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    The last few questions to which you haven't received a (good?) answer were about git. Looks like there aren't enough experts on git on stackoverflow to answer your questions.
    – Jonas
    Feb 1, 2011 at 17:22
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    can you provide specific examples? Feb 1, 2011 at 18:50
  • 4
    I actually replied to one of your questions and you gave no comment what-so-ever that my answer was crappy - I'm actually quite embarrassed and offended to see this post on meta: stackoverflow.com/questions/783790/…
    – chibacity
    Feb 3, 2011 at 15:57
  • So why didn't you accept Matt Cook's correct answer about the web sockets?
    – Arjan
    Feb 3, 2011 at 15:59
  • @Arjan - It requires a proxy server, so it is essentially a javascript interface to a telnet client on a separate server. It's a good approach to the general problem, but could hardly be called a javascript telnet library.
    – Pollyanna
    Feb 3, 2011 at 16:06
  • Ah, I see, @Pollyanna. Then I agree with chibacity and others: commenting to the answers might have been very nice (as the answer did point the OP to web sockets, and the proxy server itself is written in JavaScript too?).
    – Arjan
    Feb 3, 2011 at 16:14
  • @Arjan - The proxy server cannot be written in javascript, because javascript does not support raw sockets. Websockets have additional overhead that cannot be removed.
    – Pollyanna
    Feb 3, 2011 at 17:17
  • Ah, thanks again, @Pollyanna, now I am learning, rather than the OP! ;-) Ah, I now see that the proxy server is an extension to JavaScript. (I think; not my cup of tea.)
    – Arjan
    Feb 3, 2011 at 17:22
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    @Pat: you apparently also need to learn how to format your posts. I found several hard to read until I properly formatted them. Feb 3, 2011 at 19:33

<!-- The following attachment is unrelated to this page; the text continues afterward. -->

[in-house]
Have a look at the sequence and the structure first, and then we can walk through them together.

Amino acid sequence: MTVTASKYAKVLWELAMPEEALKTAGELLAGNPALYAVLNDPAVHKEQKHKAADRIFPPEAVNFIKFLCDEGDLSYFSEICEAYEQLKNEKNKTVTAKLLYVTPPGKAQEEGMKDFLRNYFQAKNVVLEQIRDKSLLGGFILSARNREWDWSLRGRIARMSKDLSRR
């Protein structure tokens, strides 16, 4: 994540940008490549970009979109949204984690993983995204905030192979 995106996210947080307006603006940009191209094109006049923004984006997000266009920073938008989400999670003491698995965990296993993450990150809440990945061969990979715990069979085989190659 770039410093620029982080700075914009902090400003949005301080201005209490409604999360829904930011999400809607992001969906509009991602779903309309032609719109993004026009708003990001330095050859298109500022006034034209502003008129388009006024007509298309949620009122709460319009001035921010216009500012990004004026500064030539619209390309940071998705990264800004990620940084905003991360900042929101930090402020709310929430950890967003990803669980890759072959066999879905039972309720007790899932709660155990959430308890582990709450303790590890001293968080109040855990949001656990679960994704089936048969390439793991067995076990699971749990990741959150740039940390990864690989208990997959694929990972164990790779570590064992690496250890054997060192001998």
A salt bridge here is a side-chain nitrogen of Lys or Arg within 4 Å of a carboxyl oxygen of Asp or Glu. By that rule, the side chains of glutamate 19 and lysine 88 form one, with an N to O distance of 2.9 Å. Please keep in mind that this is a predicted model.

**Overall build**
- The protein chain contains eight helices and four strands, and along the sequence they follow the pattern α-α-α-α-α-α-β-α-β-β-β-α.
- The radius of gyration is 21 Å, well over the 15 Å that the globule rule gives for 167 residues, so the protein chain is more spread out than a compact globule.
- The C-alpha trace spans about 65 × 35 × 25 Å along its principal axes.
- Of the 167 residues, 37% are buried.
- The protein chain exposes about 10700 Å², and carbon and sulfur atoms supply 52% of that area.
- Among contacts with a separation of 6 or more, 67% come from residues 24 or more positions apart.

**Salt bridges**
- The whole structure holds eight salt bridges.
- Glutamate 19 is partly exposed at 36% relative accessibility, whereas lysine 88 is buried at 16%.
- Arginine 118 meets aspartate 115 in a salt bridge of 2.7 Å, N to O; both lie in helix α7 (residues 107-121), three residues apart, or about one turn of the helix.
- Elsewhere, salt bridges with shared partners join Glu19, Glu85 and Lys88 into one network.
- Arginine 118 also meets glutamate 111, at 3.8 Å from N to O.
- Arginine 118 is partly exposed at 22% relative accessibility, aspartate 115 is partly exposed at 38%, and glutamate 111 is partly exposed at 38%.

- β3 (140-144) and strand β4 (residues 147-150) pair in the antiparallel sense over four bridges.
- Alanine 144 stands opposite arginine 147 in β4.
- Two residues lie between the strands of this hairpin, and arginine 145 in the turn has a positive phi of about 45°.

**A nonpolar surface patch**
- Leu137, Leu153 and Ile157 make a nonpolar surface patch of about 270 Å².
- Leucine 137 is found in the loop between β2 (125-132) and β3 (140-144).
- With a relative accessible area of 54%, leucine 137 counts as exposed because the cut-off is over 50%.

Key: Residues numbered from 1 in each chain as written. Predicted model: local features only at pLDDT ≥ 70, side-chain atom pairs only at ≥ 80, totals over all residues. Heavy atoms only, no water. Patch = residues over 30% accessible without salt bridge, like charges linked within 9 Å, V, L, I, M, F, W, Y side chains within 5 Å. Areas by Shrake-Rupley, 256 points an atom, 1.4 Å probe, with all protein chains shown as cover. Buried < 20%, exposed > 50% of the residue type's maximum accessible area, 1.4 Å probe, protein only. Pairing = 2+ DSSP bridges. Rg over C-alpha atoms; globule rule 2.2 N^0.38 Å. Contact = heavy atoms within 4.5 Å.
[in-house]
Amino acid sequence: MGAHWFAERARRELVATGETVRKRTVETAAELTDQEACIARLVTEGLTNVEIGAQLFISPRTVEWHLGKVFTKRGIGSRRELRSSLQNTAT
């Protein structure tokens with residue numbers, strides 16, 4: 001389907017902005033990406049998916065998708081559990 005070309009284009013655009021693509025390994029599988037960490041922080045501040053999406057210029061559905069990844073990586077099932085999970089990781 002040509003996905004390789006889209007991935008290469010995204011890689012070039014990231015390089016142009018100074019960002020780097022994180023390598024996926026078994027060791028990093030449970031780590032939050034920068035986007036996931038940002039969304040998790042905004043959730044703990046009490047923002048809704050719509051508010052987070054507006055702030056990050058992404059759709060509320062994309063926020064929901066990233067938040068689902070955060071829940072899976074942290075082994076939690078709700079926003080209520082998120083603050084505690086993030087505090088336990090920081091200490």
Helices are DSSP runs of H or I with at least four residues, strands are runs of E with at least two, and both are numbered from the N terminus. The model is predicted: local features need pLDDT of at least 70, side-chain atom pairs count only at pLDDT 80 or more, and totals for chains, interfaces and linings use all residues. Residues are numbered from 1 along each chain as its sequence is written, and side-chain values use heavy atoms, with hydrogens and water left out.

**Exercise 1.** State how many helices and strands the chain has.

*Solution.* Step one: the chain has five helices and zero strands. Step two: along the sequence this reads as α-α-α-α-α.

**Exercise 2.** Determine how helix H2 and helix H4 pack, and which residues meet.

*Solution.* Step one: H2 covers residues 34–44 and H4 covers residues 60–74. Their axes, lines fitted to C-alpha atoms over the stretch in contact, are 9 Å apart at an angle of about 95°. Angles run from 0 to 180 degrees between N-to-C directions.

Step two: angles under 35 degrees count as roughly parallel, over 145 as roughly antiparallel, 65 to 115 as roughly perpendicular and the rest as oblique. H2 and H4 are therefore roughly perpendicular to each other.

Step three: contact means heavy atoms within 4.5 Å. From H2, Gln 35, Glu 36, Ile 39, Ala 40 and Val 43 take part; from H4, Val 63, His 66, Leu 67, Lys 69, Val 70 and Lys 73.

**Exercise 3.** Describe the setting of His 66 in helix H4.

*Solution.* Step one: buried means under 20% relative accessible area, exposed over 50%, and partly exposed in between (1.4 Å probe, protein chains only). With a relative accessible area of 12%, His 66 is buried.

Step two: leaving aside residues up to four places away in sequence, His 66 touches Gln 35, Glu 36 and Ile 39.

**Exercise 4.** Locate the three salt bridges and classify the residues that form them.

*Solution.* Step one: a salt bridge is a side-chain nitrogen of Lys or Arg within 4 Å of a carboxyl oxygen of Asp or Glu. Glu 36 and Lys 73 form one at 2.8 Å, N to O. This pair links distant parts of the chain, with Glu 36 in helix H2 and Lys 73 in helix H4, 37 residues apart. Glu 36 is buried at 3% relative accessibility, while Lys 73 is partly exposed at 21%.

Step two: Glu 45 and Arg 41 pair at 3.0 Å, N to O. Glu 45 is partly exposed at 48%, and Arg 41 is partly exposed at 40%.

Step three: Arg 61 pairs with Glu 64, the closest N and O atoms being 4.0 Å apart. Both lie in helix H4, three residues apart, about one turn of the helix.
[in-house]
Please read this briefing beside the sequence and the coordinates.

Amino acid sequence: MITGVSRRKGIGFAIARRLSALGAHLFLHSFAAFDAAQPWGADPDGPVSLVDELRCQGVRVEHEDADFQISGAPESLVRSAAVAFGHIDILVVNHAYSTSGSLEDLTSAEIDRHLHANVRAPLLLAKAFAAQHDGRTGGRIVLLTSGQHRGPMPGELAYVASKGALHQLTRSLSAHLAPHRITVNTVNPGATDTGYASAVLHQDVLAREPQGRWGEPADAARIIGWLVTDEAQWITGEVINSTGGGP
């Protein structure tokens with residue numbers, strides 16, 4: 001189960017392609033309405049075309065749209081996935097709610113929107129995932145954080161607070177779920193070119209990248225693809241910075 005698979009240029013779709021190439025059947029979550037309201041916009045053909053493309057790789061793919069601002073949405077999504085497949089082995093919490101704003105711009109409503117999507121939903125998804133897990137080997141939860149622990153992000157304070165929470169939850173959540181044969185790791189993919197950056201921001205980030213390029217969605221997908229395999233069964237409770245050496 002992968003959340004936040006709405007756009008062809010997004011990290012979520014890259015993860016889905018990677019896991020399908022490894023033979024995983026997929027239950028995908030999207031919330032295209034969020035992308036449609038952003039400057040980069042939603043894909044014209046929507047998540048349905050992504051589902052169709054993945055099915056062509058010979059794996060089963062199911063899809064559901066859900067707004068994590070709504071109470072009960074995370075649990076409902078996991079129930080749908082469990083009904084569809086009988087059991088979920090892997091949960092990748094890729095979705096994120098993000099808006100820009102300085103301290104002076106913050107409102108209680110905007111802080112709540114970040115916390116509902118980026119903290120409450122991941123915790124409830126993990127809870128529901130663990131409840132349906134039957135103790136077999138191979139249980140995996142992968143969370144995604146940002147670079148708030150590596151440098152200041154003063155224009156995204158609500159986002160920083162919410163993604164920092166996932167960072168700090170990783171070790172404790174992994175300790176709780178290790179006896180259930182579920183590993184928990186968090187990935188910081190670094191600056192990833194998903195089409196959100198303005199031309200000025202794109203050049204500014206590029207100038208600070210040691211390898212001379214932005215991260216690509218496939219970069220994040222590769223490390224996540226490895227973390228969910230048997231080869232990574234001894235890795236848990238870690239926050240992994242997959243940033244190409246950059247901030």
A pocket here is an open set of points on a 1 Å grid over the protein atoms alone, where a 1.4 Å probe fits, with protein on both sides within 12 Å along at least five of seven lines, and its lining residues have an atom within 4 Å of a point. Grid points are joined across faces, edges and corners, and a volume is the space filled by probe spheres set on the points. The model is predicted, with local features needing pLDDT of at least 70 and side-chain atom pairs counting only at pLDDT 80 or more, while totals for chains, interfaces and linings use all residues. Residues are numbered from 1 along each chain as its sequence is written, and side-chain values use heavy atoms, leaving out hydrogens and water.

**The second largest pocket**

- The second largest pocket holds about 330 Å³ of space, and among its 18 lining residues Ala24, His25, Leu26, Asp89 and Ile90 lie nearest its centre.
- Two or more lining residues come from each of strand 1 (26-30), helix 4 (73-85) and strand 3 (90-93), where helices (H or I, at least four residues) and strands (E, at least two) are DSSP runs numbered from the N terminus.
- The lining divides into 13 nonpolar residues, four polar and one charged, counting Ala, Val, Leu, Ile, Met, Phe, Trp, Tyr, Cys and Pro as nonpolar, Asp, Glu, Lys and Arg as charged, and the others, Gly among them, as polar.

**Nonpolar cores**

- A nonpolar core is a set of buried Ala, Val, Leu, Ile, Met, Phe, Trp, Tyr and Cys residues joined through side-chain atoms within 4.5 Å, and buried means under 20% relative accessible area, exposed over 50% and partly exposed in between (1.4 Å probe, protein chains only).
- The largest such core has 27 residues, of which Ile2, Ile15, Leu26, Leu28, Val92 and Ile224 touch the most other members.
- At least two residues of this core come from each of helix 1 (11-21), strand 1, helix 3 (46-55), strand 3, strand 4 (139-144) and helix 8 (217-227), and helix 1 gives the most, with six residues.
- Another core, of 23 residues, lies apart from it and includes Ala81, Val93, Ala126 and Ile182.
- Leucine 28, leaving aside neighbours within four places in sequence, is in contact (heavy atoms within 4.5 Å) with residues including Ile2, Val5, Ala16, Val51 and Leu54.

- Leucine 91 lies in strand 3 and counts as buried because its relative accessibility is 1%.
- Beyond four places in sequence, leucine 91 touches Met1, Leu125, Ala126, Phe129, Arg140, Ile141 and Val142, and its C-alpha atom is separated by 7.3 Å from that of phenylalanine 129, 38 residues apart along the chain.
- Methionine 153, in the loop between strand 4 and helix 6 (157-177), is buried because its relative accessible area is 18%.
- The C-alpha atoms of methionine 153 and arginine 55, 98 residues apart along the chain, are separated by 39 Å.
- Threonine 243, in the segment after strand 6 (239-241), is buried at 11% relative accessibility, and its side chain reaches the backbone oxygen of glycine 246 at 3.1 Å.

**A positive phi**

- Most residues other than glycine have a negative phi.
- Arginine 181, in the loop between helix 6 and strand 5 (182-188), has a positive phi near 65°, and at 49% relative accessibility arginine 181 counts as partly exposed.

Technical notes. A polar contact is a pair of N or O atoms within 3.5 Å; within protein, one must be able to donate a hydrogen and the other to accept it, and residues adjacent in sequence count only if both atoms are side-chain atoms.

• Clearly you are correct and I am not up to the challenge of using Stackoverflow. Thanks for clearing that up for me :-)
    – Pat O
    Feb 4, 2011 at 14:01
  • Signing off. Not sure what else to say, but have to use 30 characters.
    – Pat O
    Feb 4, 2011 at 14:51
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    Not sure what to say either, seeing as you have not seen it necessary to really respond to any of the feedback you've been given here. If you accept inferior answers in order to "be a good neighbour", how do you expect that question to yield any good new answers? Maybe you really aren't up to the challenge of using Stack Overflow.
    – Pekka
    Feb 4, 2011 at 14:51

6 Answers 6


I have to say I disagree. Sure, you get the odd people who don't give very useful answers but I've had considered responses to all of the questions that I've asked, and I find that people really wanting to get points are what usually causes them to provide a thoughtful and good answer (or at least try.)

Can you give some examples of questions that you consider you've just had "noise" to as a response instead of a decent, well thought out answer? I'd be interested to see (that's a genuine request, not sarcastic in the slightest - online text is awful for portraying things sometimes!)


Have you bumped the questions to see if they get a better response with a different set of eyes? Have you considered adding bounties to these questions to get more attention?